Story: Gary VanDeWalker
The Siskiyou County Museum
Mike Hendryx builds time machines transporting people into the past. From the Native American salmon nets poised over raging waters to the quiet parlor games of pioneer women, his creations introduce guests to the experience of times once hidden away in boxes in attics, bringing them to life for all who will join the adventure. For more than 20 years, Hendryx has guided people into the richness of history as the curator of the Siskiyou County Museum.
The museum’s home began upstairs in the county courthouse in the 1940s, rapidly spilling down the stairway. In 1950, the museum moved to its present location, into a building modeled after the Callahan Ranch House. Under Hendryx’s skillful touch, half of the museum’s holdings have been transformed into modern displays of interactive history. The museum has more than 15,000 annual visitors, and Hendryx hopes “they will drive around our county with a greater understanding of what they see because of their experience.”
The newest exhibit highlights the 150th birthday of Scott Valley Bank. Hendryx’s own great-grandfather was neighbors with bank founder A.B. Carlock. Called in to assess the artifacts owned by the Bank, Hendryx joined bank employee Lisa Wright in sorting through the bank’s collection in Fort Jones. Wright conceived of an exhibit transporting one from the Gold Rush days to the present, and Hendryx accepted the challenge. “Mike always says ‘yes’ when he should say ‘yes’,” Wright noted.
The special exhibit begins with the recreated red brick façade of the first bank branch in Fort Jones. Open for display is Carlock’s first gold dust book, recording his business deposits from 1861. “The bank’s founders never threw anything away, giving us a foundation for research for the exhibit,” says Hendryx.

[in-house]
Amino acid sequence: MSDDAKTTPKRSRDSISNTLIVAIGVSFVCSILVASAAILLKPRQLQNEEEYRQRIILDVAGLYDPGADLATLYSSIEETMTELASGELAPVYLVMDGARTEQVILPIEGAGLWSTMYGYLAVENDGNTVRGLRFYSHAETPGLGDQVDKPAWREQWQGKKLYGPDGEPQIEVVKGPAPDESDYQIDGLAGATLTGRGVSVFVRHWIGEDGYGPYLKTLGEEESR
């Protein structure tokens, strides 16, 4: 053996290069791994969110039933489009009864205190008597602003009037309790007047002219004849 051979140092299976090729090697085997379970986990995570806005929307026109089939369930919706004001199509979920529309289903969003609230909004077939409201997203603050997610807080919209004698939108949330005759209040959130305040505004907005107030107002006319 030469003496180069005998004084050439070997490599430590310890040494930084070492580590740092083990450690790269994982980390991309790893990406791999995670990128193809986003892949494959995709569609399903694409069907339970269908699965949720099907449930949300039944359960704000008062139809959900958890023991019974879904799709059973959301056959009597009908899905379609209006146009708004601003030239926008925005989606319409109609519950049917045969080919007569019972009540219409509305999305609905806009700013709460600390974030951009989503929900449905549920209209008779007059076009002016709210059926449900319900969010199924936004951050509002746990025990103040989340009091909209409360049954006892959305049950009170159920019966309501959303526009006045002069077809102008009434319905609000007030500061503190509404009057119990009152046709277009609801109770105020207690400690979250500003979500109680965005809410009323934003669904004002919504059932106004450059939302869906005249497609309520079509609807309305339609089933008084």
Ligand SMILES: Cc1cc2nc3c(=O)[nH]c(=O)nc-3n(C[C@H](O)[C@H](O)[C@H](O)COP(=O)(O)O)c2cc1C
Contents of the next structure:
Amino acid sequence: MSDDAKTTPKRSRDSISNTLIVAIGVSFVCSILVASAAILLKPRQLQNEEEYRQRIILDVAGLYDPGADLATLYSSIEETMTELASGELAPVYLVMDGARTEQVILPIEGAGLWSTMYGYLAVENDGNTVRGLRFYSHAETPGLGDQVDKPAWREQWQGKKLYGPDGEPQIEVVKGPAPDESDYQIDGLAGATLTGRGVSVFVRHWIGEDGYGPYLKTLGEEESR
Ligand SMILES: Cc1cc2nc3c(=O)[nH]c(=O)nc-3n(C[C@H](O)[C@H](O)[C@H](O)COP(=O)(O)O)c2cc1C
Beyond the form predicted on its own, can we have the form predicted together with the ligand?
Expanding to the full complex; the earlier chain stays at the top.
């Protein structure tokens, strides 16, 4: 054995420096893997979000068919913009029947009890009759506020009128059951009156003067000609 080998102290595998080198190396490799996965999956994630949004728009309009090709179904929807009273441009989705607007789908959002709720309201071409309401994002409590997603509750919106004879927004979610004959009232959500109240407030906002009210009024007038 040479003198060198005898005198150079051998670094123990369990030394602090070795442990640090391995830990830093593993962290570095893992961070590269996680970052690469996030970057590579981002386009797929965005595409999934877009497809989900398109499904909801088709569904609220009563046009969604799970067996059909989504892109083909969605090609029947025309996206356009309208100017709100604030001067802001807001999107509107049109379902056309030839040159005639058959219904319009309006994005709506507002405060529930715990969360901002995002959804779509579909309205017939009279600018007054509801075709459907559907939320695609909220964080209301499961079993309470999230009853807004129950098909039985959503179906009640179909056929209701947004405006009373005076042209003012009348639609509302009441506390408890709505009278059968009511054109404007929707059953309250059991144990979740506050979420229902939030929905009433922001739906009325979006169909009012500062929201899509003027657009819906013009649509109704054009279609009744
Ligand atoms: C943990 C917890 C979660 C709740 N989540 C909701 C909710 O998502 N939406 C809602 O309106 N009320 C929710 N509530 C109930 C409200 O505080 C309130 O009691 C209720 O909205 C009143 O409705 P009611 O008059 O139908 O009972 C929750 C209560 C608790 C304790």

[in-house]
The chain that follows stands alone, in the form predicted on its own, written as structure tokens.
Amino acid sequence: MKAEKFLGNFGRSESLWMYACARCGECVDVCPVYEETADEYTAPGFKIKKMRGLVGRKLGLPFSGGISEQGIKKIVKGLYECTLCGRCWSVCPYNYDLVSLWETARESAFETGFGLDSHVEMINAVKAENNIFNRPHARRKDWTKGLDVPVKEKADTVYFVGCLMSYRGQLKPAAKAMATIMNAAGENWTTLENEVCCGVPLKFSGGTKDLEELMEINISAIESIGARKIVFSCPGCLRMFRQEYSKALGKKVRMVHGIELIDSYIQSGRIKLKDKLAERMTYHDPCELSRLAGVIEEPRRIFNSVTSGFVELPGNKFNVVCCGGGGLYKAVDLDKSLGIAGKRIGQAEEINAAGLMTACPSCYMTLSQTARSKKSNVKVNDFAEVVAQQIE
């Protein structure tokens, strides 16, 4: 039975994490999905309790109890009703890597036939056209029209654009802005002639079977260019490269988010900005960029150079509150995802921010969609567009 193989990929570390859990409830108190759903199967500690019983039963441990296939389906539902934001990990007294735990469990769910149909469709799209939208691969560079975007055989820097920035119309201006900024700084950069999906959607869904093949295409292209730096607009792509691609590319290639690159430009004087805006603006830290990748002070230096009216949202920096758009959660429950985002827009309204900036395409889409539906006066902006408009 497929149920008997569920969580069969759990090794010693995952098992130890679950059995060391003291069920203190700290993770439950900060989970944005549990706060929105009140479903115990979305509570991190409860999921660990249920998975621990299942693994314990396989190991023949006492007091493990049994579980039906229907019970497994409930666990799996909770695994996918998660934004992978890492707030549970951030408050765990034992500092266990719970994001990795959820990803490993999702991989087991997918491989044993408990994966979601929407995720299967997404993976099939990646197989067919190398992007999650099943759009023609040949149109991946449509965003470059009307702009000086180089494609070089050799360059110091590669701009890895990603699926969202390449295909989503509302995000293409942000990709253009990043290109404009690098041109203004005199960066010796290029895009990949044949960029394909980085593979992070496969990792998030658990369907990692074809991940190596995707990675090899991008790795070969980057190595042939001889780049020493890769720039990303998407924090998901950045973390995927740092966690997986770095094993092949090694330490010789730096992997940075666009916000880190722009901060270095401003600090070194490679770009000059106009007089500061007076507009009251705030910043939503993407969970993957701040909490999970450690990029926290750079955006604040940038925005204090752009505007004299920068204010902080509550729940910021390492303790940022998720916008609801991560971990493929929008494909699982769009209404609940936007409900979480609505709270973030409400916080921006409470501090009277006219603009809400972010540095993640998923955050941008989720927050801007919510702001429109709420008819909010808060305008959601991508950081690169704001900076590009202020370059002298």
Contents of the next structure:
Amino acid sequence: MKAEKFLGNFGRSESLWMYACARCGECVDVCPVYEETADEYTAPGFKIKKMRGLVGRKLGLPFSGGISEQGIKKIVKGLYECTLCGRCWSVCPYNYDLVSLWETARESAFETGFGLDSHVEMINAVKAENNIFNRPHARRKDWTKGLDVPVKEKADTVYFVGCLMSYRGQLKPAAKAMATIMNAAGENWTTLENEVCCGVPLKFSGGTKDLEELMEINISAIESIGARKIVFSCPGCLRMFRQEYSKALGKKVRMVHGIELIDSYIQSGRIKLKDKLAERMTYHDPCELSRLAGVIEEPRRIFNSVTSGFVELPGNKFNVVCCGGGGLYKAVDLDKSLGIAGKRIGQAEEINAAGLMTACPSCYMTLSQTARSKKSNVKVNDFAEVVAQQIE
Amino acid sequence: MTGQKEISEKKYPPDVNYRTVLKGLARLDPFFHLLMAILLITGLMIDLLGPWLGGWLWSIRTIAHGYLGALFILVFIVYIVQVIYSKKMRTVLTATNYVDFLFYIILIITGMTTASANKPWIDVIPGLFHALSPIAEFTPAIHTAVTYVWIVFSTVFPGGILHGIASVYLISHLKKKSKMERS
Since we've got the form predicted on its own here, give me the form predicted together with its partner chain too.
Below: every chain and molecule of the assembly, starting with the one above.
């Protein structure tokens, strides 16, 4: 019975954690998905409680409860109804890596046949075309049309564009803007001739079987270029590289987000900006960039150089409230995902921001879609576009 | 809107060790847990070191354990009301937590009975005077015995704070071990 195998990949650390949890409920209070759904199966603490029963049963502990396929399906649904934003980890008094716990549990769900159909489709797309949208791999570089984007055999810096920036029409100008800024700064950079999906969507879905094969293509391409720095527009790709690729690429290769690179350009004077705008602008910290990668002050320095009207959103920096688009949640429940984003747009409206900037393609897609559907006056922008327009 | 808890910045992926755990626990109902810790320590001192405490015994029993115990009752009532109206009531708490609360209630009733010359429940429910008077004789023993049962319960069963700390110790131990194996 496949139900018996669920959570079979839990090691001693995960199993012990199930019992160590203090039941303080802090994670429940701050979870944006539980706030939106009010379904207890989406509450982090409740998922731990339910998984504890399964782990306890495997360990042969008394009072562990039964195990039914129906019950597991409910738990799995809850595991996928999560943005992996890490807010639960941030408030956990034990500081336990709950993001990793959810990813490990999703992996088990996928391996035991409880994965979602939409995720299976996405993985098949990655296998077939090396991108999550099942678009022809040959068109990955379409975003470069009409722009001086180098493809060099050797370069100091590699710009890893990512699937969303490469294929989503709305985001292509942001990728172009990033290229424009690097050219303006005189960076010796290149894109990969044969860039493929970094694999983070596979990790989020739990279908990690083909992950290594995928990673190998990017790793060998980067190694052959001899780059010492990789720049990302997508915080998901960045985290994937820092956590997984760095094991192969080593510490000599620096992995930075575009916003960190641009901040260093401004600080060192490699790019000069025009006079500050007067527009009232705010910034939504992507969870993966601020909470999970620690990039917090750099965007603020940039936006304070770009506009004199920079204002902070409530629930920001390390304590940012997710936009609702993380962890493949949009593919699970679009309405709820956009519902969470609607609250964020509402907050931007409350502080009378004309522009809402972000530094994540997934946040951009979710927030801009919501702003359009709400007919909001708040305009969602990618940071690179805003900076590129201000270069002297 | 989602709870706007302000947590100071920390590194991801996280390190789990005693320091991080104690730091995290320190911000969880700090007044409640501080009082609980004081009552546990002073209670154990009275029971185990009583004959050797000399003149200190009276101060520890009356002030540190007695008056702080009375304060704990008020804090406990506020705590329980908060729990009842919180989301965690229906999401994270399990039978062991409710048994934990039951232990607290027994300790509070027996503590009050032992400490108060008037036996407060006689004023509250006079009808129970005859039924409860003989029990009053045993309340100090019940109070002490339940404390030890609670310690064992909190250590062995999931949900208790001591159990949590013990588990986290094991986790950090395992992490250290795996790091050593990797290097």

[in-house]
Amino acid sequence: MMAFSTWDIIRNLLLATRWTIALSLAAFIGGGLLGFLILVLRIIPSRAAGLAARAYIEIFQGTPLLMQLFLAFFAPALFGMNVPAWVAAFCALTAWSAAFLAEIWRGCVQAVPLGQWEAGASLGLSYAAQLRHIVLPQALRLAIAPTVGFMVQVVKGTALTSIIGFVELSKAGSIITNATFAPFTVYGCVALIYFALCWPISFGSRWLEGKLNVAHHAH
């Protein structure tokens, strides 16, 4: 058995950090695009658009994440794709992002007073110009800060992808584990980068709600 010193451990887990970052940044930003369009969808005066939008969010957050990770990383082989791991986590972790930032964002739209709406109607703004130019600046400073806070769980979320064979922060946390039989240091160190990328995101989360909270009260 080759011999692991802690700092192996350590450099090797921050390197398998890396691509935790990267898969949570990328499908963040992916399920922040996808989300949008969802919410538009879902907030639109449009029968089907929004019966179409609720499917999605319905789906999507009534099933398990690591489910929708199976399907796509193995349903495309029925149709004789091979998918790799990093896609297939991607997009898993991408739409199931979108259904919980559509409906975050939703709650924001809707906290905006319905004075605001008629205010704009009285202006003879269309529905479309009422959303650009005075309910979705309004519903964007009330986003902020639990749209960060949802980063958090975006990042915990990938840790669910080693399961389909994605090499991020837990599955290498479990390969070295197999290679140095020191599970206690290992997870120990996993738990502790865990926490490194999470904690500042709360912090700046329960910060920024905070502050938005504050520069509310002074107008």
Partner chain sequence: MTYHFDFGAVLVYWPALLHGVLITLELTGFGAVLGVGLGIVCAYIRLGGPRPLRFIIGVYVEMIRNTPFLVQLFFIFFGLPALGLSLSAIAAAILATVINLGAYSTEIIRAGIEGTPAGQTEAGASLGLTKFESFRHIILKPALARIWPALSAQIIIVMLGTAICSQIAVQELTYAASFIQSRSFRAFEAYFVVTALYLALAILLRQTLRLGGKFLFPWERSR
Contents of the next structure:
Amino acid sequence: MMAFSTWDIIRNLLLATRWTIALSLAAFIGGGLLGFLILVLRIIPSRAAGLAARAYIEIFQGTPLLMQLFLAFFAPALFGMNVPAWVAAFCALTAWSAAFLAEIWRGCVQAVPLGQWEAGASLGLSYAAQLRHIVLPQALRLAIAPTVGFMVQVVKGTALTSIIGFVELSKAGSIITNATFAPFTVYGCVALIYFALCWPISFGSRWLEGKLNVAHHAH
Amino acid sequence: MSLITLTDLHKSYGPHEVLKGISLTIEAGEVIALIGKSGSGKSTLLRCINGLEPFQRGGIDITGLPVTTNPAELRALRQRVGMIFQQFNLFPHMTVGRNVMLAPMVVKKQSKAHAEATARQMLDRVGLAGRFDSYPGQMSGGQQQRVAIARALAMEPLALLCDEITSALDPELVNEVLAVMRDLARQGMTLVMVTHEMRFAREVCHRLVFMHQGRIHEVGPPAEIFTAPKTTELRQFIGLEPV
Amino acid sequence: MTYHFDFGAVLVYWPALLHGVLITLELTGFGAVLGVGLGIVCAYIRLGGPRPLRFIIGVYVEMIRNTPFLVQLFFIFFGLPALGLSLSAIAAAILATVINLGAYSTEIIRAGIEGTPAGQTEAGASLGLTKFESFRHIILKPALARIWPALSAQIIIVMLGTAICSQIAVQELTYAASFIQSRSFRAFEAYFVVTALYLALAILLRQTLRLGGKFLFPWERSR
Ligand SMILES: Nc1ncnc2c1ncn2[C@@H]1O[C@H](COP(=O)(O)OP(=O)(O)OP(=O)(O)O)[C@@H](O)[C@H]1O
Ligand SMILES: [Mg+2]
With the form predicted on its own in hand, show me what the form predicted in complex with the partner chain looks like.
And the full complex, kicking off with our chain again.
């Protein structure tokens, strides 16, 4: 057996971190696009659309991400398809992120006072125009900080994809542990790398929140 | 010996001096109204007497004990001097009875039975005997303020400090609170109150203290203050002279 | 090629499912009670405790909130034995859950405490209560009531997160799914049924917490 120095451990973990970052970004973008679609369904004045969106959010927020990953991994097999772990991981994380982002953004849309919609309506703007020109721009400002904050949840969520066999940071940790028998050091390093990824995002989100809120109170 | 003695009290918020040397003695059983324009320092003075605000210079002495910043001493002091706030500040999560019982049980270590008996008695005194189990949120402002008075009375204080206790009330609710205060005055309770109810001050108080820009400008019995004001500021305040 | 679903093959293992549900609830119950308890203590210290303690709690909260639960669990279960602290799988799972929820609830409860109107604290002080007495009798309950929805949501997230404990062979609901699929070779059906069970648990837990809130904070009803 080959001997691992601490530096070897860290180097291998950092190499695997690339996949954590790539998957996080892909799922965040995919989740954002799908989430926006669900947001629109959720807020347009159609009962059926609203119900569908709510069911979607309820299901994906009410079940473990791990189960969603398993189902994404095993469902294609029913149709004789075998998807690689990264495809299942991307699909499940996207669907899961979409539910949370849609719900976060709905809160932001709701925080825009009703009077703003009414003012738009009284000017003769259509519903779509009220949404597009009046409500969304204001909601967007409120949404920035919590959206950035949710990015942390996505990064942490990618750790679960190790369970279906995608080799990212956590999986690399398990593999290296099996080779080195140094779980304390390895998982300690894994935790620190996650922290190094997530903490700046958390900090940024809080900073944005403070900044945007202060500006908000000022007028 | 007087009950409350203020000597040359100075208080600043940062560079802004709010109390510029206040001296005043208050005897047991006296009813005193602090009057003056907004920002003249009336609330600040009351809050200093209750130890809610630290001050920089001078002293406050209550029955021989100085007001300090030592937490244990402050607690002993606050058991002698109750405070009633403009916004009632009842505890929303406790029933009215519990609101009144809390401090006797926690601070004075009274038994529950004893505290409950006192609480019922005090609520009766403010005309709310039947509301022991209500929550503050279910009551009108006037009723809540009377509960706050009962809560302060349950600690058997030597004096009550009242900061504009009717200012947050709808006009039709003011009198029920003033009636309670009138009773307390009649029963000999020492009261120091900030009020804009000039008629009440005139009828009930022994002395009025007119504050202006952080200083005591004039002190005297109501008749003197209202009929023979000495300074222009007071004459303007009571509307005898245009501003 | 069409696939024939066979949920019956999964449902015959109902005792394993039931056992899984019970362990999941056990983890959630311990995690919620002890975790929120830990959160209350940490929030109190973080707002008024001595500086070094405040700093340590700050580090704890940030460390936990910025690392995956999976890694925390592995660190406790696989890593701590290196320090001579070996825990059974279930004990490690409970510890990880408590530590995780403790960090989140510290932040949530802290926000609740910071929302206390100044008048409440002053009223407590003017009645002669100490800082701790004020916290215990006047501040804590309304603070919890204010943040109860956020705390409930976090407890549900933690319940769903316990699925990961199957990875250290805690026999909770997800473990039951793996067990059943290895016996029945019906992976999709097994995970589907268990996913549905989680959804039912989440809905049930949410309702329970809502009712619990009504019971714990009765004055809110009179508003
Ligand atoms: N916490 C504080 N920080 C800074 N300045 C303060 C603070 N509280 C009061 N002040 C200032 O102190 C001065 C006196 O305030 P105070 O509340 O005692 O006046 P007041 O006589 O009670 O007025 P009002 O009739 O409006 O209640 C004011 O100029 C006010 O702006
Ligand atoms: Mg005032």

Hendryx spent a month, day and night, designing and creating the history of Carlock’s days as a miner, banker, Wells Fargo agent, telegraph owner and entrepreneur of dreams. The timeline winds through the recreated interior of the bank’s office in 1900, using fixtures and the gold scale from the original branch. Even the wallpaper is copied from one of the many photographs of the bank. Inside a small room that replicates the original bank vault, an actor booms out Carlock’s voice, announcing his retirement.
The museum is home to several permanent displays. The Native American display provides a view into the lives of six Northern California tribes. The Trappers Gallery traces the days of early Siskiyou County trappers, including the recreation of an 1830s Scott Valley spike camp. The upper gallery holds a gold mining exhibit, an in-depth look at Chinese workers in the county and the Pioneer Settlement Gallery.
“The covered wagon was especially built for the museum, with the undercarriage being constructed from an original wagon. We had to disassemble it and restore it here in the upstairs gallery,” Hendryx remarks. The Loggers Cabin reverberates with squeaky floorboards as people step between the bunks.
The Scott Valley Bank exhibit runs through the end of June. The bank will pay museum admission all day on June 14th Father’s Day Weekend. It will morph into a smaller, permanent display in the upper gallery which is continually expanding. The most recent addition is the Firearms Collection, and currently in development are a period kitchen, General Store and agriculture displays. These are in addition to the 2½-acre outdoor museum, open May through October.
Stepping out of the wooden doors of this time machine, Hendryx hopes visitors leave with a new appreciation for those who settled Northern California. He says, “The gift of the museum is what you take away from it.”